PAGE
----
Page 15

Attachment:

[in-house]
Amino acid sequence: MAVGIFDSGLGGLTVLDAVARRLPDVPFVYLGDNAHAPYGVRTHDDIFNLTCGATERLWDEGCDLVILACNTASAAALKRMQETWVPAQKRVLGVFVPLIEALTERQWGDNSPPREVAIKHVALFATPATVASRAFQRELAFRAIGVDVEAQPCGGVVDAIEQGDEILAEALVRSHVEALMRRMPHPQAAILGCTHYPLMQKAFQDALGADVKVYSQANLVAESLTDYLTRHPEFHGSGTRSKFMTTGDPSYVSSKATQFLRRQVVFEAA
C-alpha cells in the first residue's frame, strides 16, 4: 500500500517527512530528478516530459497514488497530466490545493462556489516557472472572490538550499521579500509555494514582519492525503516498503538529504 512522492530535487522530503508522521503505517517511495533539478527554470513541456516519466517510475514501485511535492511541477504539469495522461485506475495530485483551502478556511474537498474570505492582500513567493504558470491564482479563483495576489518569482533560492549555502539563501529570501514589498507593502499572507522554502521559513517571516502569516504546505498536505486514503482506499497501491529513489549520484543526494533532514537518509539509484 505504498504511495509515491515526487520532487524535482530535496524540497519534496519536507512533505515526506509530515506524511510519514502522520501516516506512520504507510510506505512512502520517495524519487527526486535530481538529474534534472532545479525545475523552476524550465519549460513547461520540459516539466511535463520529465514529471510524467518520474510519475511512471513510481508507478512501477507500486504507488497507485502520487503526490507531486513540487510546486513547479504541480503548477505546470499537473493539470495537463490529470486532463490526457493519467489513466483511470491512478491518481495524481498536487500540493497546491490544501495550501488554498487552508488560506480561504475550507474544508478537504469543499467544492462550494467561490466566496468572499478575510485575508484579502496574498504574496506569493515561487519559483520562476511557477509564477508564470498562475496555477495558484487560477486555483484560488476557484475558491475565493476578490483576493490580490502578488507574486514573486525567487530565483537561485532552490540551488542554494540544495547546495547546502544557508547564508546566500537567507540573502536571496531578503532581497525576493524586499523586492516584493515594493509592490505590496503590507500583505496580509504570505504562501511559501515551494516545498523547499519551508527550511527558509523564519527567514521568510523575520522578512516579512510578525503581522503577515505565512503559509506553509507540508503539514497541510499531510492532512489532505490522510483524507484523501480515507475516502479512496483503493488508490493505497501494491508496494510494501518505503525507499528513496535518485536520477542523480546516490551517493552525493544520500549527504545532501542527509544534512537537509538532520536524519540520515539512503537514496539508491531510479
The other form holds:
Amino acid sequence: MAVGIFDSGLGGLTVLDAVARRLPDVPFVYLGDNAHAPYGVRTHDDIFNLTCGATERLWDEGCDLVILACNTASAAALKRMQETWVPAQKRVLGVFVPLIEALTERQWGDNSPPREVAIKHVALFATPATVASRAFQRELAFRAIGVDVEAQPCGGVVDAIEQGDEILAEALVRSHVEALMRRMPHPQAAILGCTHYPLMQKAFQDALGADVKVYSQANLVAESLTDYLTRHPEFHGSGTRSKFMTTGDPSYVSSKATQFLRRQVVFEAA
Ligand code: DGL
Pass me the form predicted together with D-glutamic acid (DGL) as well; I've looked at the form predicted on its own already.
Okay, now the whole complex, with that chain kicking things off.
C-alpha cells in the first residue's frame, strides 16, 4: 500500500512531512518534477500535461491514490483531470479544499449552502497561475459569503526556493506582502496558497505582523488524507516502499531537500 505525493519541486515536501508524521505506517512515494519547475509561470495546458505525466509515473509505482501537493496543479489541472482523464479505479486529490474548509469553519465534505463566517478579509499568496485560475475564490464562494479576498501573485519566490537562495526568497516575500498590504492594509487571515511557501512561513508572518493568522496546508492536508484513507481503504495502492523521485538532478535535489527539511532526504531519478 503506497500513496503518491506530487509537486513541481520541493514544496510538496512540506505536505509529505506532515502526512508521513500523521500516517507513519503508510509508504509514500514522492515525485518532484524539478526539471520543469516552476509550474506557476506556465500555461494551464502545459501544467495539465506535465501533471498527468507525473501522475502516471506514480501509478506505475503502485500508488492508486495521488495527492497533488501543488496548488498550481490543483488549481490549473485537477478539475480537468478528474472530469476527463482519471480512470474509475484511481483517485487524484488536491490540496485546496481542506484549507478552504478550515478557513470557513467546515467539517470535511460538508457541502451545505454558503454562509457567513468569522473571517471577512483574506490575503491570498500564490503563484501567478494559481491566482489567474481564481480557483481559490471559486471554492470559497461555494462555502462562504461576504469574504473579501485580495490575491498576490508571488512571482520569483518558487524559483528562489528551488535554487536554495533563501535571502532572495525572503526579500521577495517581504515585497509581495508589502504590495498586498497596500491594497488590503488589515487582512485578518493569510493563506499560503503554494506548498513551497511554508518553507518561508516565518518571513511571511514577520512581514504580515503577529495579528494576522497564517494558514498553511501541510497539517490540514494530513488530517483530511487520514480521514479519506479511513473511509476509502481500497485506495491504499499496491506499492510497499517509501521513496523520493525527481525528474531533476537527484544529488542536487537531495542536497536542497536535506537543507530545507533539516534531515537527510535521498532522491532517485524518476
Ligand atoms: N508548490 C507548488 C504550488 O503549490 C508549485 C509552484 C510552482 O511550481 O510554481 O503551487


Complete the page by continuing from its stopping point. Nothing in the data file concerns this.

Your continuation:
LAS AMERICAS Enduring Fidel BY SAUL LANDAU ON JANUARY 2, Fidel Castro marked his 34th year of rule in Cuba. For almost that long the United States has tried every tactic short of sending in Marines to overthrow the government 90 miles off the Florida coast. The myriad “expert” predictions about Castro’s imminent fall have proven silly. Indeed, it makes more sense to ask why he stayed so long in power. One reason is that obstinate U.S. policy has helped deprive Cubans of an alternative to their present system. Another reason is that Cuban communism has delivered in some areas and millions of Cubans are well aware of that fact because it has been their sweat and blood that has built hospitals, schools and roads. The revolution did, after all, convert Cuba from an informal U.S. colony into a proud nation that became a world geopolitical player for 30 years. Clinton might review these facts and his predecessors’ behavior for policy lessons. permitted Castro to pursue his opposition because he was certain that the CIA would get rid of the bearded guerrilla. The agency later collaborated with the Mafia to assassinate Castro and recruited and trained several thousand Cuban exiles to invade the island. Washington imposed an embargo on Cuba and broke diplomatic relations. authorized the CIA-sponsored invasion of Cuba and watched helplessly as the counterrevolutionary plan turn.into a fiasco in 72 hours. The CIA continued to hatch assassination plots an carry out sabotage. When Castro countered and agreed to the emplacement of Soviet nuclear missiles and bombers in Cuba, the world faced a Missile Crisis in October 1962. By late 1963 Kennedy appeared to have mellowed and sent an emissary, with an agenda for discussion, to see Castro. At the very moment Castro admitted the envoy the news came that Kennedy had been shot in Dallas. tightened the embargo, got Cuba kicked out of the Organization of American States and maintained a steady level of CIA dirty-trick harassment. But he was more than occupied by Vietnam. the CIA on a few assassination attempts. But by 1974 Nixon had also learned that if the United States could drop its obsession and open relations with China, a big red monster, it could certainly Saul Landau is a fellow at the Institute for Policy Studies in Washington, D.C. He directed a film on Castro that appeared on CBS in 1974 and was present when Castro received and read the note from Henry Kissinger. afford to live with Cuba, a much smaller one. In June 1974, Secretary of State Henry Kissinger sent a confidential note to Fidel Castro asking the Cuban leader to open high-level talks. Castro agreed, and secret meetings commenced between Lawrence Eagleberger and Cuban Envoy Ramon Sanchez Parodi at a New York airport. tinued the secret talks, which led ultimately to the establishment of Interests Sections in Washington and Havana, informal embassies that allowed for more civilized communication between the two countries. Although Ford broke off the secret meetings when Castro sent troops to Angola in October 1975, he also enlarged loopholes in the embargo opened in Nixon’s final year which allowed U.S. subsidiaries abroad, to cash in on the Cuba trade. ‘ diplomacy to address the issues that stood as barriers to normal relations. But obsessive anticommunists in the Carter Administration helped sabotage the diplomats. They used human rights as a national security weapon to attack the Cuban regime in its area of vulnerability. By focusing attention on procedural rights involving free speech, press and political prisoners, Carter and his successors won propaganda victories against Castro in the Western media and put brakes on the diplomacy efforts. Castro’s plea to the press to focus on substantive human rights, such as housing, access to food and medical care, employment and retirement, where Cuba would receive higher marks than the United States, fell on deaf ears. But Carter’s opening had an impact inside Cuba. Discontent inside Cuba erupted in 1980 when some 12,000 people took refuge in the Peruvian Embassy. When Carter chided Castro on Cuba’s restrictive immigration policy, Fidel retaliated by opening up the port of Martel to those wishing to go the United States. Among the 125,000 Cubans who left for Florida in April 1980, before Castro closed the port, were a liberal quantity of criminals and insane people. Bill Clinton will remember them because Carter placed thousands of Marielitos at Fort Collins, Arkansas, during Clinton’s first term as governor. The handling of a Cuban refugee uprising at Fort Collins proved to be a liability when Clinton ran for a second term and lost. stepped up the propaganda war against Cuba while his Secretary of State Alexander Haig threatened in vain to “go to the source” of terrorism in the hemisphere, meaning a naval quarantine of the island. For eight years, as the Soviet Union disintegrated, Cuba was accused of being its primary agent of evil in the hemisphere. of recognizing that Castro’ s Cuba had more staying power than the supposedly stronger regimes in the U.S.S.R. and Eastern Europe, tried to destroy the revolution by strangling it to death. Making normal relations dependent on Cuba’s adoption of a U.S.-style democracy and a free market economy, Bush provoked a harder line inside Cuba. Dissidents who had been freed were rearrested as Castro called for wartime unity in the face of the renewed U.S. aggressiveness. Mistaking fixation hubris for reason, Bush progressively tightened the embargo and ultimately signed the so-called Cuba Democracy Act that prohibited U.S. subsidiaries abroad from trading with Cuba and refused to allow ships that had docked in Cuban ports to dock in U.S. harbors for six months, thus making it even more difficult for other nations to engage commercially with the communist island. Castro didn’t collapse as a result, but the United States was humiliated at the U. N. General Assembly, which by an overwhelming margin voted to condemn the embargo. the past that Fidel Castro thrives on adversity. He also has considerable internal support that has survived the worst of economic times. Cubans might grumble over scarcity, but there’s no apparent malnourishment or millions of kids going to bed hungry. They can compare their conditions to conditions in other places around the world and see that despite the restrictive nature of their system they are better off. By treating Cuba like any other nation the United States can enjoy the benefits of commerce and even tourism. That way of relating to a people about whom we claim concern makes sense. We sent 30,000 troops to feed the Somalis whose government was barbaric, while trying to prevent Cubans from getting food and oil. We sent a half-million troops to defend Saudi Arabia, a kingdom that cuts the hands off religious dissenters. China, whose political prisoner population far outnumbers Cuba’s, gets most favored nation status. anti-Castro Cubans, the logical opposition to Castro’s policies on the island. They have more influence on U.S. policy than they do on Cuban affairs. Most of the ten and a half million who remain on the island think of the embargo as a mean punishment policy that deprives them of food, medicine, oil and other necessities. If President Clinton were thinking of logical New Year’s resolutions he might pledge to return Cuba policy to a realistic standard of behavior and drop the 34-year-old obsession. 20 JANUARY 29, 1993